Society of the Old West

From early westward expansion through the early 20th Century.

Thomas Edward Ketchum was born on October 31,1863 in San Saba County, Texas, son of Green Berry Sr.Ketchum and Temperance Katherine Wydick Ketchum. Thomas Edward Ketchum had four siblings two brothers and two sisters His father died when he was only five years old and his mother was blind several years before she died in 1873.

Tom's oldest brother, Berry Jr., became a wealthy and noted cowman and horse breeder. Sam his other brother got married and had two children, but left his wife when their son was only three. Tom and Sam were both cow boys working on ranches throughout west Texas and northern and eastern New Mexico. They were in many trail drives and got to know the territory, settlers and ranchers very well.

Tom Ketchum's first major crime was the murder of John N. "Jap" Powers, a neighbor in Tom Green County, Texas. Powers was shot down on December 12, 1895, by several men including Black Jack. He later admitted that he took part in the murder, but was paid to do it. Later he left , and his brother Sam joined him later in New Mexico.

The brothers worked on the Bell Ranch, until early June, 1896, when they quit their jobs and stole some supplies. On June 10, they came to the small settlement of Liberty, north of present-day Tucumcari, where there was a store and post office operated by Levi and Morris Herstein. Tom and Sam robbed the store at night and then rode to the Pecos River. Levi and some 3 or 4 men went after the Ketchums and after a short gun battle most of the posse formed by Levi were dead.

After the Herztein killing, Tom and Sam joined friends in Arizona and they went on a killing and robbery spree in the Four Corners states, they also rode with members of Butch Cassidy's Hole in the Wall Gang. Will Christian was known as "Black Jack" and when he was killed in 1879 someone mistakenly identified Thomas as "Black Jack" only after Christian's death that people started calling Thomas "Black Jack" but people who knew him never called him that.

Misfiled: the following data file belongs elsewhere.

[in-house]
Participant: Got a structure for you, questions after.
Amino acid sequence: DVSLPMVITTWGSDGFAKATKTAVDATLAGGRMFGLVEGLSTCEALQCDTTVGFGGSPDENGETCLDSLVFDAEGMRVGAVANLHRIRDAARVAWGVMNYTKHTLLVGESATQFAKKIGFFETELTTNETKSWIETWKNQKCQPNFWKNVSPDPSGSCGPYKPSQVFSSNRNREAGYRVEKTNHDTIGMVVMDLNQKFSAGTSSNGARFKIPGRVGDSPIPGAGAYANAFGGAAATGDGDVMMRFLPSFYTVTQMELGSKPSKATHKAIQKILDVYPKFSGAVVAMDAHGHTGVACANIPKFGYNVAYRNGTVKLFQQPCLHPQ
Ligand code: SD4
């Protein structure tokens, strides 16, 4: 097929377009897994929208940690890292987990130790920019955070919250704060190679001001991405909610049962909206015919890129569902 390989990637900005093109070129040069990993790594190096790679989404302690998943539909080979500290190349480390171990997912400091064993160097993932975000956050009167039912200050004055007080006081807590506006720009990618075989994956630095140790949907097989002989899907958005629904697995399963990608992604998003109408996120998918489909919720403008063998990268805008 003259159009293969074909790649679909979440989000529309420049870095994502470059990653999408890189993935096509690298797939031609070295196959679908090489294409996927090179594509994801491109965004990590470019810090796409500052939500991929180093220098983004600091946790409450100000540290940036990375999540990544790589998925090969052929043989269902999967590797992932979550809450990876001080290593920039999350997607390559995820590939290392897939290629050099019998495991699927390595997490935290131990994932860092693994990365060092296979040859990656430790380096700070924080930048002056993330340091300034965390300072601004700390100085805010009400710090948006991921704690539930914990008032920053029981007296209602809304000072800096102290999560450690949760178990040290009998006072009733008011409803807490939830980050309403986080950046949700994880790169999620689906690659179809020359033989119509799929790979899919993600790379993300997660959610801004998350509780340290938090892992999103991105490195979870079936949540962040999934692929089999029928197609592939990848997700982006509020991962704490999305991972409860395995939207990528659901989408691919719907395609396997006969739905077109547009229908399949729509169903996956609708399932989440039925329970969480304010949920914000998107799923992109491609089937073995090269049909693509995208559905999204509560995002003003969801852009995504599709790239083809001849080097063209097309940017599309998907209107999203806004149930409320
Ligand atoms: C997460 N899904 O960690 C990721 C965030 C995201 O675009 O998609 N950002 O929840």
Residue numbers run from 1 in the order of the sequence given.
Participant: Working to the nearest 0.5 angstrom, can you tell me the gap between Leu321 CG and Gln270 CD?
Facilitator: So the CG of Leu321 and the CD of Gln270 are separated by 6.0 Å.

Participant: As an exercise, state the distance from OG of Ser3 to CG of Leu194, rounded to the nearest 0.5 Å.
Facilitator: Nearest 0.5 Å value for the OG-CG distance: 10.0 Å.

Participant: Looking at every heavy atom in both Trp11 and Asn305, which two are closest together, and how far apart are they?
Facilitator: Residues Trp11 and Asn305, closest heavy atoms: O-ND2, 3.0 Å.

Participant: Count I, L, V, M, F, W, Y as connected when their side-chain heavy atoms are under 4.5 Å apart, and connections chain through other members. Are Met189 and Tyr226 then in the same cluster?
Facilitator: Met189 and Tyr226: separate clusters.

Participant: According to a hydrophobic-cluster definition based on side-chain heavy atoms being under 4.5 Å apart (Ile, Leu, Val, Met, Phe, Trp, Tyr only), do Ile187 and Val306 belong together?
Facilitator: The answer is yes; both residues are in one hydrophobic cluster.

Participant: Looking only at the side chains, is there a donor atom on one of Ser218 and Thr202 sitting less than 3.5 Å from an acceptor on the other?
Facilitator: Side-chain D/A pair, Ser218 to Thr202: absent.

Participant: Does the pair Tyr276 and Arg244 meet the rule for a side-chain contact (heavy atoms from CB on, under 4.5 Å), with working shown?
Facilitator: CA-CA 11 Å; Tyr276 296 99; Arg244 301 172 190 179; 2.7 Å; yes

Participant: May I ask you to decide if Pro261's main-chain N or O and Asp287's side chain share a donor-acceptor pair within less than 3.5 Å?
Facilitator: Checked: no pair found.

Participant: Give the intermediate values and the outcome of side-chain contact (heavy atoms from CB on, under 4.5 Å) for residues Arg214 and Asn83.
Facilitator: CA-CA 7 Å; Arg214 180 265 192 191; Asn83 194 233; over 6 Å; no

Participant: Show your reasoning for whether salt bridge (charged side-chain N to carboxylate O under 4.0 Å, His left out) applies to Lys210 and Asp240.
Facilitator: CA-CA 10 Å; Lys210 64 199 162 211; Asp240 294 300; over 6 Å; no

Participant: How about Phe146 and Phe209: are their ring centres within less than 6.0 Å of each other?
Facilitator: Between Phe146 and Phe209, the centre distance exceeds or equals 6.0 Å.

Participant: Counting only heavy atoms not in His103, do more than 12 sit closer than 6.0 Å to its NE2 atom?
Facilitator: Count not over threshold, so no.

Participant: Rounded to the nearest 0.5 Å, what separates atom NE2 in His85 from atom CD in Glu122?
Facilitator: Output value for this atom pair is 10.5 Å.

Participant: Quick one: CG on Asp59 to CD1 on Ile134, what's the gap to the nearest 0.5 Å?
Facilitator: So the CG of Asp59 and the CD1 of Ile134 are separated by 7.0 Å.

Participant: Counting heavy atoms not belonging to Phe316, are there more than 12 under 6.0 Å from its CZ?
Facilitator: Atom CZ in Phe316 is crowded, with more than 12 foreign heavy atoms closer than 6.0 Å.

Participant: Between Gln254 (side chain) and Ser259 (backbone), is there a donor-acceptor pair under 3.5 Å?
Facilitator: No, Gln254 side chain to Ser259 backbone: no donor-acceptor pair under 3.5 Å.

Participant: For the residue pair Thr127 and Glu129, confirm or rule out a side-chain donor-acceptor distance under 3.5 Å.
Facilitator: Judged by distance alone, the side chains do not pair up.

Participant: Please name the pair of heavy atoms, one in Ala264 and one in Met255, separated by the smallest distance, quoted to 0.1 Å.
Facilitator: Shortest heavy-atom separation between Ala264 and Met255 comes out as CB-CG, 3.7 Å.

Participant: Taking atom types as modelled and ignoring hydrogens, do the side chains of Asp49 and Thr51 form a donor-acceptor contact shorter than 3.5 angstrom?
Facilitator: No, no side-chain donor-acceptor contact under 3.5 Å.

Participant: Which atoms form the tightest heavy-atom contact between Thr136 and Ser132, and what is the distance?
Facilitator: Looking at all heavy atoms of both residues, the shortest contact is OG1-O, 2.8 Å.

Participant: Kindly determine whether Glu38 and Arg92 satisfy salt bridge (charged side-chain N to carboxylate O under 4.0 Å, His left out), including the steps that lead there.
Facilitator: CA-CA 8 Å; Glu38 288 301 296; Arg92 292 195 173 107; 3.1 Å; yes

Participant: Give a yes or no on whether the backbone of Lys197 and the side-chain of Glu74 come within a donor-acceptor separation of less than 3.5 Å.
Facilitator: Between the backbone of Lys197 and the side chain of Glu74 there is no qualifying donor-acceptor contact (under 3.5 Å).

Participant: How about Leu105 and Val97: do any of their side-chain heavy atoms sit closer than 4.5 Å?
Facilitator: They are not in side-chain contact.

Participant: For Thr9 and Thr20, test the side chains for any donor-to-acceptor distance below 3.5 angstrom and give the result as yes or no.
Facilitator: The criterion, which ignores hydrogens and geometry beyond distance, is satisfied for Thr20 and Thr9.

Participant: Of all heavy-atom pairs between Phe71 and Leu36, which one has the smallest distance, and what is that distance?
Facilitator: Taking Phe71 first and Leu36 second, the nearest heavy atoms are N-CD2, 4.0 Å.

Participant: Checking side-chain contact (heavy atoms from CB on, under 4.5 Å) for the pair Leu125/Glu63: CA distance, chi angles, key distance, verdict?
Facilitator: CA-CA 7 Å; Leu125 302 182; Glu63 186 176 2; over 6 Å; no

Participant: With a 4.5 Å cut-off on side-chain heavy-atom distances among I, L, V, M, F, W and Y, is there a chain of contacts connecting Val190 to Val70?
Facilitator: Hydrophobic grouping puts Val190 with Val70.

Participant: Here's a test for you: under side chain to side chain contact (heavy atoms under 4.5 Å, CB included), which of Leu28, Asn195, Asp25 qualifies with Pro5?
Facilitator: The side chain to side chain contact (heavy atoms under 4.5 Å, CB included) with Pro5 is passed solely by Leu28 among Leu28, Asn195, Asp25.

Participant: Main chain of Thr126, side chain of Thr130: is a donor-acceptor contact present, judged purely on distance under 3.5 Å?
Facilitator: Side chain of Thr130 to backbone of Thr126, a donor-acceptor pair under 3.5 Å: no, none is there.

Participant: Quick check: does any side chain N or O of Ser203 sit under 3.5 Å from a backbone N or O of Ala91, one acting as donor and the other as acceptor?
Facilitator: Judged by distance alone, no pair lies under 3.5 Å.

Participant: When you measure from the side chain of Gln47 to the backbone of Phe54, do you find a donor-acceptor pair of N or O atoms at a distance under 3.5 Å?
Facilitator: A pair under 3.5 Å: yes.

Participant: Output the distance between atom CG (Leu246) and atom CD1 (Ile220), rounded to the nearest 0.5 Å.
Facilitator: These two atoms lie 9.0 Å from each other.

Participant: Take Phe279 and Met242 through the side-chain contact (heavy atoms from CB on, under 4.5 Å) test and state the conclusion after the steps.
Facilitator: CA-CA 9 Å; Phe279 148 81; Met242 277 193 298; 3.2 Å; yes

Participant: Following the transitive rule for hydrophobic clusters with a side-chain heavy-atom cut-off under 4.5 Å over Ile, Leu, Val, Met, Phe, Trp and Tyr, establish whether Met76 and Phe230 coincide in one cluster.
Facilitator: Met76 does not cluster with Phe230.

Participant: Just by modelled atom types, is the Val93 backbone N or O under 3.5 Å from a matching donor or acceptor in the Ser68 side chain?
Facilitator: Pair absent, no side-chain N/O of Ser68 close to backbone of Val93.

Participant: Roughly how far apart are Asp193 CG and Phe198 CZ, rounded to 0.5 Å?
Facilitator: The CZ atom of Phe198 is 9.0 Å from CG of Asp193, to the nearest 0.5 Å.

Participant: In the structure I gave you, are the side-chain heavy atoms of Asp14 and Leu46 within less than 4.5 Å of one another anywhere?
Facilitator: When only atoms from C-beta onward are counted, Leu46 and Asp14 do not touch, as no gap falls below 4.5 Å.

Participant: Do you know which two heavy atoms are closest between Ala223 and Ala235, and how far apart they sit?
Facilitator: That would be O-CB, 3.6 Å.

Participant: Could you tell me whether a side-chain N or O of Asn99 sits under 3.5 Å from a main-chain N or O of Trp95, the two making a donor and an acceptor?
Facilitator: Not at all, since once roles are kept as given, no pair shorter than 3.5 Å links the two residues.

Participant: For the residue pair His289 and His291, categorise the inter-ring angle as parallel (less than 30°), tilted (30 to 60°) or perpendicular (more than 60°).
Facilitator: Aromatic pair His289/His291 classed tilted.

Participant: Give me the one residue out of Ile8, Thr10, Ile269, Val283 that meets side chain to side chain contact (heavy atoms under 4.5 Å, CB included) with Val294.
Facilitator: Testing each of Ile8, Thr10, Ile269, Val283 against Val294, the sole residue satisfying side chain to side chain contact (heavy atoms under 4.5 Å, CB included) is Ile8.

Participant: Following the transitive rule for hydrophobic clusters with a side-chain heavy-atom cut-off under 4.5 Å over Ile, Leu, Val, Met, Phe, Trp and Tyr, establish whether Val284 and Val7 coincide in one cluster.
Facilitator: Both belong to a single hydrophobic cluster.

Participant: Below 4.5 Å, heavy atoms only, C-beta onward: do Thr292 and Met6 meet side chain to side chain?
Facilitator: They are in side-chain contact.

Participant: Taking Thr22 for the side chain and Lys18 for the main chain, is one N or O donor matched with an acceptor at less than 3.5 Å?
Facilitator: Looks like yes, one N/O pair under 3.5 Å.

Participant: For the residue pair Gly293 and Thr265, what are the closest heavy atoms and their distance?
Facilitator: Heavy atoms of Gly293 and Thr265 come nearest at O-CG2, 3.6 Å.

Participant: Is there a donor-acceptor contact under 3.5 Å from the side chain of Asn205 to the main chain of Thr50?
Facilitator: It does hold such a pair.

After many train robberies a posse of law men hunted down the Ketchum gang after a short gun battle at Turkey Creek the outlaws escaped, but Sam was wounded so badly he was taken to a hospital and was turned in by a nurse. He later died of his wounds in the Santa Fe penitentiary and was buried in the Odd Fellows cemetery which is now covered by a road.


On August 16, 1899, Black Jack attempted to single-handedly rob the same train, unaware that his brother was recently dead from a similar idea. Black Jack boarded the engine, but mistakenly forced it to stop on a sharp turn where the cars with the loot could not be uncoupled. Meanwhile, the conductor, Frank Harrington, was getting sick of being robbed. He crept through the cars and shot at Black Jack, who returned fire. Black Jack missed; Harrington nearly severed Black Jack’s arm at the elbow. Black Jack fell off the train but was unable to get back on his horse.

The train quickly got moving again, leaving Black Jack to lie out all night until “help” arrived in the form of another train. He raised his gun as the conductor and brakeman approached him. They offered to shoot him right then if he wanted a fight, but he replied, "No boys, I am all done. Take me in." His arm was amputated in Trinidad, Colorado and then, restored to relative health, he was sent back to Clayton for trial. Convicted of “felonious assault upon a railway train,” Black Jack became the only person sentenced to death under the law, which was later overturned by the Supreme Court as carrying too severe a sentence.

He pled innocent to most of the crimes he was charged with but, the judge found him guilty and he was sentenced to death by hanging. The hanging was delayed several times until law men heard about rumors that old gang members were going to free Black Jack, so they pushed up his hanging to April 26 1901. His hanging turned out to be a big town event. People from the towns around Clayton came, the law men sold tickets to see Black Jack get hung and they sold little dolls of Black Jack hanging on a stick.

The law men felt better about pushing up his sentence, but were still a little nervous about the rumors about somebody saving Black Jack. Someone remembered a tall stranger... He and Black Jack exchanged several glances, but the stranger left before any one could find out who he was. Finally the sheriff took two blows with an hatchet before the rope was cut then Black Jack fell to the ground, he had been beheaded. It was the first time any one was ever hung in Clayton, so many mistakes were probably made like the rope was probably stretched while testing and the probably misjudged Black Jack's weight. Black Jack was buried at Clayton's Boot Hill ,but was moved to the new cemetery in the 30's.

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